I dont know if a MakePersistent() function is suitable, but at least there should be a Global and Scene context that can be controlled from any game scene.

    Maybe this should be in the wish list :)

    Cheers
    Shaun
     
  5. Joachim_Ante

    Joachim_Ante

    Unity Technologies

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    You can just call Destroy on the game object to kill it manually.
     
  6. MatthewW

    MatthewW

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    I also found this kind of strange when I did I Hate Clowns. If you want a "global" object in all of your levels, you need to make sure it exists in each one.

    I second the idea of a global context--somewhere to put objects that will exist in all levels for that project. Actually, my needs would probably be met with a single global object that I could just drop scripts on.
     
  7. Joachim_Ante

    Joachim_Ante

    Unity Technologies

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    The way i have handled this in past projects, was simply by putting those global objects in the first scene and marking them as dontdestroyonload. The first scene i would never load two times, thus the case of getting duplicates would never appear. You almost always have a splash screen scene anyway, so this is a good place to put them.

    I definately see the point in having something more automatic, essentially the same concet as objects exposed in edit -> project settings
     
  8. shaun

    shaun

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    Im using the splash screen method now - it works ok provided your making a reasonably linear app - which im not. I have 5 sections, some 2D some 3D, but the users jumps back and forth between them whenever they want (kind of like Tabbed browsing in Firefox)

    So to keep the state of each scene and reload it exactly the same each time is a major challenge. I could put everything in 1 level, but I like the idea of being able to control each section of my app in a level.

    Currently I store the 'state' of the level in a global array (created in the splash level) and then reload the other levels each time the user swaps tabs.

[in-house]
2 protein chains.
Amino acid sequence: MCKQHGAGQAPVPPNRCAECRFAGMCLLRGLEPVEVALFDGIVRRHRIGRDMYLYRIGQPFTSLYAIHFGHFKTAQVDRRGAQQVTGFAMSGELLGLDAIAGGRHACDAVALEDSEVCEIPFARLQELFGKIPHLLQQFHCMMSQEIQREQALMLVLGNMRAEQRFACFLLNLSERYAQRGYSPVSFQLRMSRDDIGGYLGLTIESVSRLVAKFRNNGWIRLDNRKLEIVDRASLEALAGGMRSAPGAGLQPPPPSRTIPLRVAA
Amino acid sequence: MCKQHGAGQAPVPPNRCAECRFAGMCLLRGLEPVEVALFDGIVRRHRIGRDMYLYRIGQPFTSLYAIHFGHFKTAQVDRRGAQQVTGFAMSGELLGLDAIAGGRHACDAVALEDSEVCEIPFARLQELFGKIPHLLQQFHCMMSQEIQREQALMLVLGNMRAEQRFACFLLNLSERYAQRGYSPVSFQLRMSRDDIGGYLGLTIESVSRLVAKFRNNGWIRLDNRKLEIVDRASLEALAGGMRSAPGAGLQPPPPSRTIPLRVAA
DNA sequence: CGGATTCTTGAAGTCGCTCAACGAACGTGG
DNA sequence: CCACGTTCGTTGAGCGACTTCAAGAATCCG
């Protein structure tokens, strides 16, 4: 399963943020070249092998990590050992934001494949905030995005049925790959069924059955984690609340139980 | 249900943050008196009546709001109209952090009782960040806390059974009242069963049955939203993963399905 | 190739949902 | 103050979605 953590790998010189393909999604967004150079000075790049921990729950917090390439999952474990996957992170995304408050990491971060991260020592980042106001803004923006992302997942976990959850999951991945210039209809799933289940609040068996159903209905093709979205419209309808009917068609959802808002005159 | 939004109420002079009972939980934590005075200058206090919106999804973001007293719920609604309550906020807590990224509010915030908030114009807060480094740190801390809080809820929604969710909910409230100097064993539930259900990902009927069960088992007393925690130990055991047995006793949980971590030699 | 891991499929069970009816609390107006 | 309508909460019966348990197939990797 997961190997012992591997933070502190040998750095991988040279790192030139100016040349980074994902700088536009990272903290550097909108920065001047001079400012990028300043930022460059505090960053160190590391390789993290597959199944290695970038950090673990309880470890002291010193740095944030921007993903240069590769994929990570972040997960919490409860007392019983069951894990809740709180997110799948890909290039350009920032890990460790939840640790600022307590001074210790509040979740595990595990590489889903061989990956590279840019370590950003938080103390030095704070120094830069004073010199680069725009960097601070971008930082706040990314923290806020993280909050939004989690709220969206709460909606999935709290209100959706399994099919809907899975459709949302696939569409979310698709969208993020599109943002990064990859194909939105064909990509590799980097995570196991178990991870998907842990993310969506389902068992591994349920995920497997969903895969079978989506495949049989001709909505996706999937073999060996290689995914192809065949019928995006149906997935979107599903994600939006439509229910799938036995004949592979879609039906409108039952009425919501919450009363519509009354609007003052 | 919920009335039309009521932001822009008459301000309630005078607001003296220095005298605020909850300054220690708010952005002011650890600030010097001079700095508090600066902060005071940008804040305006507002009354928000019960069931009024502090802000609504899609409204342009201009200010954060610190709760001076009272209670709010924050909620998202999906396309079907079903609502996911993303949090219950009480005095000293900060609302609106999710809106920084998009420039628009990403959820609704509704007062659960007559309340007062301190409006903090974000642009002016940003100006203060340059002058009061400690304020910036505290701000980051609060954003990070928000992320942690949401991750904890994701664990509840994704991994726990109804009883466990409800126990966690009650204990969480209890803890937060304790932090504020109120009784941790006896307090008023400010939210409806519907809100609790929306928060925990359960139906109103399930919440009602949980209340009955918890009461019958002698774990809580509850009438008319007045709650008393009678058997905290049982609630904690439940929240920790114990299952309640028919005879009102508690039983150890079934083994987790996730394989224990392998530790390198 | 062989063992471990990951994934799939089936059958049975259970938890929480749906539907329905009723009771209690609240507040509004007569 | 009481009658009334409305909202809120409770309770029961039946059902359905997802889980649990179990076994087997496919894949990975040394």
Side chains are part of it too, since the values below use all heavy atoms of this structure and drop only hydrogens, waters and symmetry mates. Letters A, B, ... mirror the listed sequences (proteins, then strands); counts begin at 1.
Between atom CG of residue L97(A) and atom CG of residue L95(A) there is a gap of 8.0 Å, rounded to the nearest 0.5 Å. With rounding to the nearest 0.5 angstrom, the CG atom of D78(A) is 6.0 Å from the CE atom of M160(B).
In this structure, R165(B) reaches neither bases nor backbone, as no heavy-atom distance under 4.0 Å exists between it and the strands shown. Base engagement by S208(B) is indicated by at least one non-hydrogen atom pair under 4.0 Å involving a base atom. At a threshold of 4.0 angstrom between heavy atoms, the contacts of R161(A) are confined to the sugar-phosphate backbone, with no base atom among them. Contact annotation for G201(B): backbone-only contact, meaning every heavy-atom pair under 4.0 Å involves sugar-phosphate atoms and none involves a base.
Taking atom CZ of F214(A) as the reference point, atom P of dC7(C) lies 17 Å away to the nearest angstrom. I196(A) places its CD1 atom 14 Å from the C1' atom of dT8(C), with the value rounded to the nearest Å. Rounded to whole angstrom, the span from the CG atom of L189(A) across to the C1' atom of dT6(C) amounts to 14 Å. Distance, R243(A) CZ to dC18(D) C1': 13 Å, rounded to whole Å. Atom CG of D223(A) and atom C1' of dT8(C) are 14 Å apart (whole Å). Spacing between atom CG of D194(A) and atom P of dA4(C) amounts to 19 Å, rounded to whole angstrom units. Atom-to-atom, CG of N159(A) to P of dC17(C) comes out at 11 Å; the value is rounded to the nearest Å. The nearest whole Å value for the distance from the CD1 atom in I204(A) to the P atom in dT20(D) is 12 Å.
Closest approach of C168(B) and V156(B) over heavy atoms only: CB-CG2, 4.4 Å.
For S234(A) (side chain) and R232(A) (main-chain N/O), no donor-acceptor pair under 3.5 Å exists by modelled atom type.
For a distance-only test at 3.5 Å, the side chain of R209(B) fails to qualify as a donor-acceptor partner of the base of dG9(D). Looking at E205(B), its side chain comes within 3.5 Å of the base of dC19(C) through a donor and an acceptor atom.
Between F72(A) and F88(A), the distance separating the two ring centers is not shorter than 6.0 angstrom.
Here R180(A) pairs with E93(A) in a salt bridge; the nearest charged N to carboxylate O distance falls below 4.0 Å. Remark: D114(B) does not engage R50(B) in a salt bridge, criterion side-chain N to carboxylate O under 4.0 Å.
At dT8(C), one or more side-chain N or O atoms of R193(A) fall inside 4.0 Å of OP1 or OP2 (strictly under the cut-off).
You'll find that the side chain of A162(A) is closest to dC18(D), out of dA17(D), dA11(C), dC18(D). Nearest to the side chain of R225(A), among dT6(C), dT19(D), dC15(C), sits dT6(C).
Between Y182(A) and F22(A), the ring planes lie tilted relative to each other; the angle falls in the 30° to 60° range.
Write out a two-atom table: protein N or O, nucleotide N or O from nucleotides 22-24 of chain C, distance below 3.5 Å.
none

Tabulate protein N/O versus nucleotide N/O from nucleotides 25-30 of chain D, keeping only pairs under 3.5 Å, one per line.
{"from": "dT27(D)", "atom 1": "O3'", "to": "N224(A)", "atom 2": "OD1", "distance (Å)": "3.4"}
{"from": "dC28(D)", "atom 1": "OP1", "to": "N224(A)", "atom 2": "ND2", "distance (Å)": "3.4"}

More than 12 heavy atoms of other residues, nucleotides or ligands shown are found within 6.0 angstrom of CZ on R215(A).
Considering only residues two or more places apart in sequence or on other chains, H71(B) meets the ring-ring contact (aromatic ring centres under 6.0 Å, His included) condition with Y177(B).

Any ideas on how to make this easier?
     
  9. MatthewW

    MatthewW

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    I do this too for some things. The problem is I have to select that first scene before I click play in order to test out a later level. So that becomes: save current level, select first level, click play, go through my title screen and actually play the game, test whatever I wanted to test, click stop, go back to level I was editing. It seems very cumbersome compared to the smooth workflow found elsewhere in the IDE...

    One suggestion was to have a designated "start" level (forum thread). I'd rather have global objects, though, to avoid the extra time going through my load/title game screens.
     
  10. podperson

    podperson

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    Jun 6, 2006
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    Having a designated "global" scene would solve a lot of problems.

    First, if there's initialization you always want to take place, regardless of the scene you're editing.

    Second, if there are global "DontDestroyOnLoad" type objects you always want exactly one of.

    It seems like a fairly simple solution.
     
  11. Ryuuguu

    Ryuuguu

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    I was wrong :oops: I early said I didn't like the idea, but global objects that are loaded and destoryed seperate from scene loading would be nice.

    Cheers,
    Grant
     
  12. jeremyace

    jeremyace

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    I agree that this should exsist, but maybe without an additional function. IMO DontDestroyOnLoad should behave that way already.

    -Jeremy